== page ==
West Dean is a 6,350 acre estate between Midhurst and Chichester in West Sussex owned originally by Edward James, a poet and art-lover, who set up the estate as an educational institute for arts and crafts after his death. That painting by Magritte of the back of a man's head reflected in a mirror, 'Not to be reproduced' - you know the one, this one:
That's Edward James, that is.
Anyway, I have wanted to do one of the 700 short courses that they run there every year for quite a while now but have never quite got round to doing it. Actually, that's not strictly true, I put my name down on a course to learn how to make glass beads last year but it was already full and, sadly, no-one dropped out.
The place is about 45 minutes drive from me and my brother, C, said they'd all be there at about 11am so we set off at 10.30, hoping to rendezvous with them there.
The car park was filling up by the time we got there, which was heartening because the weather was very overcast with extremely threatening black clouds, so it was good to see that people had made the effort to get out even though it might rain. But, hey, that's every summer in England these days, isn't it?
Basically, the Chili Fiesta is a food festival based around, well, chillies, actually, and all manner of associated hot and spicy foods. As you might well imagine, this makes for a testosterone-rich environment but, having said that, there were plenty of women and little kids too, and the atmosphere was very family friendly.
There were, as you might guess, a vast number of stalls selling all kinds of chili-related items, including bottles of sauces of varying heat, dried chilis, chili plants, etc., right up to sombreros, Mexican wrestler masks (which I was very taken with), t-shirts and caps emblazoned with appropriate logos and sayings, jewellery, paintings, ceramics, gardening clogs and everything in between. The stalls just went on and on. At every turning there would be more, and then you'd see a sign saying there were more stalls just beyond the walled garden, and then even more after that! There were bands from South America playing, a wandering Mariachi trio and bellydancers. And thousands of people. Sometimes it was quite difficult to get to the stands because there were so many people but, overall, the size of the site managed to absorb the vast amount of punters and it didn't really feel too overcrowded.
And there was food. Boy, was there food.... TLH and I aren't what you'd call 'chili heads' but we don't mind a bit of warmth in our food but the smells, THE SMELLS from these stalls were just the best! You could get any manner of curries from Singapore, Thailand, India, Sri Lanka; you could eat chorizo, South African biltong, Mexican burritos, Sardinian meats and cheeses, Lebanese food; you could drink Chili Beer and Tequila and finish off with Chili Chocolate or even Vanilla Chili Icecream! We decided to try some Jamaican Jerk Chicken with Rice and Peas. It was very yummy although possibly a fraction hotter than I would have liked it.
The rain held off and we managed to hook up with my brother and his companions. The baby lost her chili balloon and my nephew, Roo, nearly managed to kick me in the face (must try harder!) so all was well. They were heading off to look at stalls we'd already visited so we decided to head off on our own and look at the walled garden. As well as arts and crafts courses, West Dean also does horticultural stuff - it's a huge Victorian country house with loads of those fabulous white greenhouses and vegetable beds that I'd give my eye-teeth for. Well, the walled garden was absolutely stunning. The vegetables in the beds made me want to cry from sheer jealousy - I have never seen such huge onions or such large and beautiful cabbages in my life, and the flowers were exquisite.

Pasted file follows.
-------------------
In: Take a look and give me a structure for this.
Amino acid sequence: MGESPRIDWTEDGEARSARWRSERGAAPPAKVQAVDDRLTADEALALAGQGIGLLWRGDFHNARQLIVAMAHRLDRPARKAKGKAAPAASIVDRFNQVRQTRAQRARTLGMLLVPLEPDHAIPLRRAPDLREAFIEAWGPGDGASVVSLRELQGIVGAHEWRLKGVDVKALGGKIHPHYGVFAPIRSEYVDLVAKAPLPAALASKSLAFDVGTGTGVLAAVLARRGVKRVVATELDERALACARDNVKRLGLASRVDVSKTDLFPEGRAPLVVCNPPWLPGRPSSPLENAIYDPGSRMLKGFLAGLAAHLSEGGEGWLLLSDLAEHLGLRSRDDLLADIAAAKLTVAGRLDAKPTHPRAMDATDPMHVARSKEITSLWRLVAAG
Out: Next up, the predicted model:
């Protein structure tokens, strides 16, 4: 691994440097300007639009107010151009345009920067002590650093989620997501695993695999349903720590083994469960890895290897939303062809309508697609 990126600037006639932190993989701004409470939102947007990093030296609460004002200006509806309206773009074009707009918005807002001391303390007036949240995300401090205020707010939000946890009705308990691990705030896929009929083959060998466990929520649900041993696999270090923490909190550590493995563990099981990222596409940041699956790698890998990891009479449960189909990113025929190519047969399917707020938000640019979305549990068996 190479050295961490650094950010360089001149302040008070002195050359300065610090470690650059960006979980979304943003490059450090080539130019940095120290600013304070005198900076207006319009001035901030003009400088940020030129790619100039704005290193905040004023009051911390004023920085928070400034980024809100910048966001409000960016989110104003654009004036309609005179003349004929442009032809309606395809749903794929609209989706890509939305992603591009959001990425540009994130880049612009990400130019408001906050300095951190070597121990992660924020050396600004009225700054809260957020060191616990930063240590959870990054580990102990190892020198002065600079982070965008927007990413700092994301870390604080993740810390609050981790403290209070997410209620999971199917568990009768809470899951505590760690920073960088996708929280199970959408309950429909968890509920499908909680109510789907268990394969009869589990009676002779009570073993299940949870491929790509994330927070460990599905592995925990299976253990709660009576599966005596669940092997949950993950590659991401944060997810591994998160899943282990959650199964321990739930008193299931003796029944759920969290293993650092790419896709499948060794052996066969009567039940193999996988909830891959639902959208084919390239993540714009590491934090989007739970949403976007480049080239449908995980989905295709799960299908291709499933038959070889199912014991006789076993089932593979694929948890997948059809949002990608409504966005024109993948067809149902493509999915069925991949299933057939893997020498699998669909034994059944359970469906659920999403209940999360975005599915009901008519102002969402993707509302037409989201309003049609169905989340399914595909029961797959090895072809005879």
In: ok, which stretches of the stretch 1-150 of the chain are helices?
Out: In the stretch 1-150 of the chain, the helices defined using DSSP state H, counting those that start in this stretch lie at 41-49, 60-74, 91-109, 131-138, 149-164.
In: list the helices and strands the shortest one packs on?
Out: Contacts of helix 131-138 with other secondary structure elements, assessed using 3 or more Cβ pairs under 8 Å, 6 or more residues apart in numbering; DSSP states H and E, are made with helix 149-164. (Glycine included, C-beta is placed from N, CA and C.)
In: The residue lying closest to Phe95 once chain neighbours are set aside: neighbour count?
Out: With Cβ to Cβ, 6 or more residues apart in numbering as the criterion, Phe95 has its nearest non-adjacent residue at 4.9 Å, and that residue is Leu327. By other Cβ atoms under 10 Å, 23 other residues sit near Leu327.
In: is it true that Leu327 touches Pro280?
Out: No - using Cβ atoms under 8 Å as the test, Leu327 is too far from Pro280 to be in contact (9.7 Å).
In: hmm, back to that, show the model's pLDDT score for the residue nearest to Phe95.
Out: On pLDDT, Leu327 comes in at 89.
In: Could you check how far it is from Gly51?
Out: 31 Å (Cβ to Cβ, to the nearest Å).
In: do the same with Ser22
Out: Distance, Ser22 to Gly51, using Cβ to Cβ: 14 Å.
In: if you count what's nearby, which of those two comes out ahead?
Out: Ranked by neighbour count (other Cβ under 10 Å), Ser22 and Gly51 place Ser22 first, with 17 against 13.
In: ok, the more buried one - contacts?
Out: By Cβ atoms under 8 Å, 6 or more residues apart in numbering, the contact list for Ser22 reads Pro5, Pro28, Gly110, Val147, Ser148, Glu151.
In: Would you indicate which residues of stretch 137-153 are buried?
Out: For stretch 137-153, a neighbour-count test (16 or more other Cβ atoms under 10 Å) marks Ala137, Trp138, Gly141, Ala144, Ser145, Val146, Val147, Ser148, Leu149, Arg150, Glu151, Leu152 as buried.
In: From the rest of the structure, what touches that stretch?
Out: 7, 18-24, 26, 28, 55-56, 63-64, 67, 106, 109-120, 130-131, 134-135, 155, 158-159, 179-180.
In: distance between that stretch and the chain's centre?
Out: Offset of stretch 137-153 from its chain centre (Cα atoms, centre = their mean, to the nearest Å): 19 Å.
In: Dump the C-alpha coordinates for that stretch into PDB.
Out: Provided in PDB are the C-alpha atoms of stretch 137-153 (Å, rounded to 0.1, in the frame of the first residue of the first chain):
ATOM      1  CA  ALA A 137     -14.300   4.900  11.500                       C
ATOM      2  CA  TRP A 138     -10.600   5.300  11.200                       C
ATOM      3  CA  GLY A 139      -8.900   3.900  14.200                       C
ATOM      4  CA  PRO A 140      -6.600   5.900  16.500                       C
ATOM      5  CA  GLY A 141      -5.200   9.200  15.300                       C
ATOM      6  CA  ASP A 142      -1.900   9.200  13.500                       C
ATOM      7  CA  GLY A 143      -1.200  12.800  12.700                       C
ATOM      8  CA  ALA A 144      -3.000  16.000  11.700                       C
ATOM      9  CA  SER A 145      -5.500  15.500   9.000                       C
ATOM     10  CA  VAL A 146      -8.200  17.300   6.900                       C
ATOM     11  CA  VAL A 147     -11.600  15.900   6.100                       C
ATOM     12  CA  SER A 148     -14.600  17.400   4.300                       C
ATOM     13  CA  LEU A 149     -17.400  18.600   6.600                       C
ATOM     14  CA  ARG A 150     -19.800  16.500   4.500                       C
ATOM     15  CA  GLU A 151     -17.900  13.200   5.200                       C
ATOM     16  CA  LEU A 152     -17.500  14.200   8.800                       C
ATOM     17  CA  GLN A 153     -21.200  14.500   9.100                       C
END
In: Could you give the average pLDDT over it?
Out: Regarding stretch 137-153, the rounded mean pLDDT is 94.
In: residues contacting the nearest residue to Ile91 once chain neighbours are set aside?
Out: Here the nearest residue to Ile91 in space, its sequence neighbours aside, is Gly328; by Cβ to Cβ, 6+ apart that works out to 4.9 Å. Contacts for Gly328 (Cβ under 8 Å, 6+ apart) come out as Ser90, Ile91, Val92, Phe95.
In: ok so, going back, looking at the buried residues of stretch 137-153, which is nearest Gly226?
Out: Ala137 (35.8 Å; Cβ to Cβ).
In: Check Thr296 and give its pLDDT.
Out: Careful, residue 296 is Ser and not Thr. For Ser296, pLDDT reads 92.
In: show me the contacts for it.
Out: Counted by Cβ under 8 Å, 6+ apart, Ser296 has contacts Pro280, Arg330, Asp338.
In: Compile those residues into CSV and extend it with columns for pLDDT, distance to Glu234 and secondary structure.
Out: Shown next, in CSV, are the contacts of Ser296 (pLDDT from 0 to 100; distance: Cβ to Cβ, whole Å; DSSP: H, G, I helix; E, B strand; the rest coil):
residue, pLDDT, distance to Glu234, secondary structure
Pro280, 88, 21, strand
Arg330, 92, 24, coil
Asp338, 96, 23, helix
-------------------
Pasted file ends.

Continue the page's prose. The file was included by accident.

We pottered around for a little while longer and I decided I wanted to buy a couple of chili plants - there were some stunning purple ones that change colour to yellow and then red (variety Masquerade) that I rather fancied, and an upright yellow variety called Medusa also appealed. We headed back to the car then at about 3pm and were 10 minutes down the road before the heavens opened!
I was very impressed by the fiesta - it all looked very well planned and organised, a 3-day event this year and I imagine it will remain so. I can recommend it for next year if you fancy a day out.
I've been a bit lazy with this post as I normally stick in the photos next to the relevant bit of text but, for some reason or another, I've decided just to put them all together at the end for this one - hope you don't mind!
The first of the stalls, just inside the entrance, in front of the main building at West Dean.
One of the stalls - this is a Mexican one - with bottles of hot sauces and various dried beans, etc.
More Mexican foodstuffs.
TLH was very amused by this sign on a stall selling hot bhajias and pakoras.
And we both found this hysterical - specialised wet wipes for, um, the next day...
Jamaican Jerk Chicken with Rice and Peas - yum!
Which we bought from the stall on the left
My brother, C, together with grandad S holding my youngest niece who REALLY wanted her chili balloon.
The wandering Mariachi band doing a bit of standing still and contemplating
The pergola walkway
Inside the walled garden - check out the monster onions!
And the perfect cabbages.
One of the two Pear Tunnels
A 'hot' flower border
Gorgeous Dahlias (check out the wonderful white Victorian greenhouses at the back - they were full of grapes and tomatoes and other exotica)
Lovely pale colours in contrast to the hot colours above.
Inside one of the buildings there was a chili identification table with labelled examples.
A display of the Masquerade chili plants - I bought one of these.
My fave pic of the day!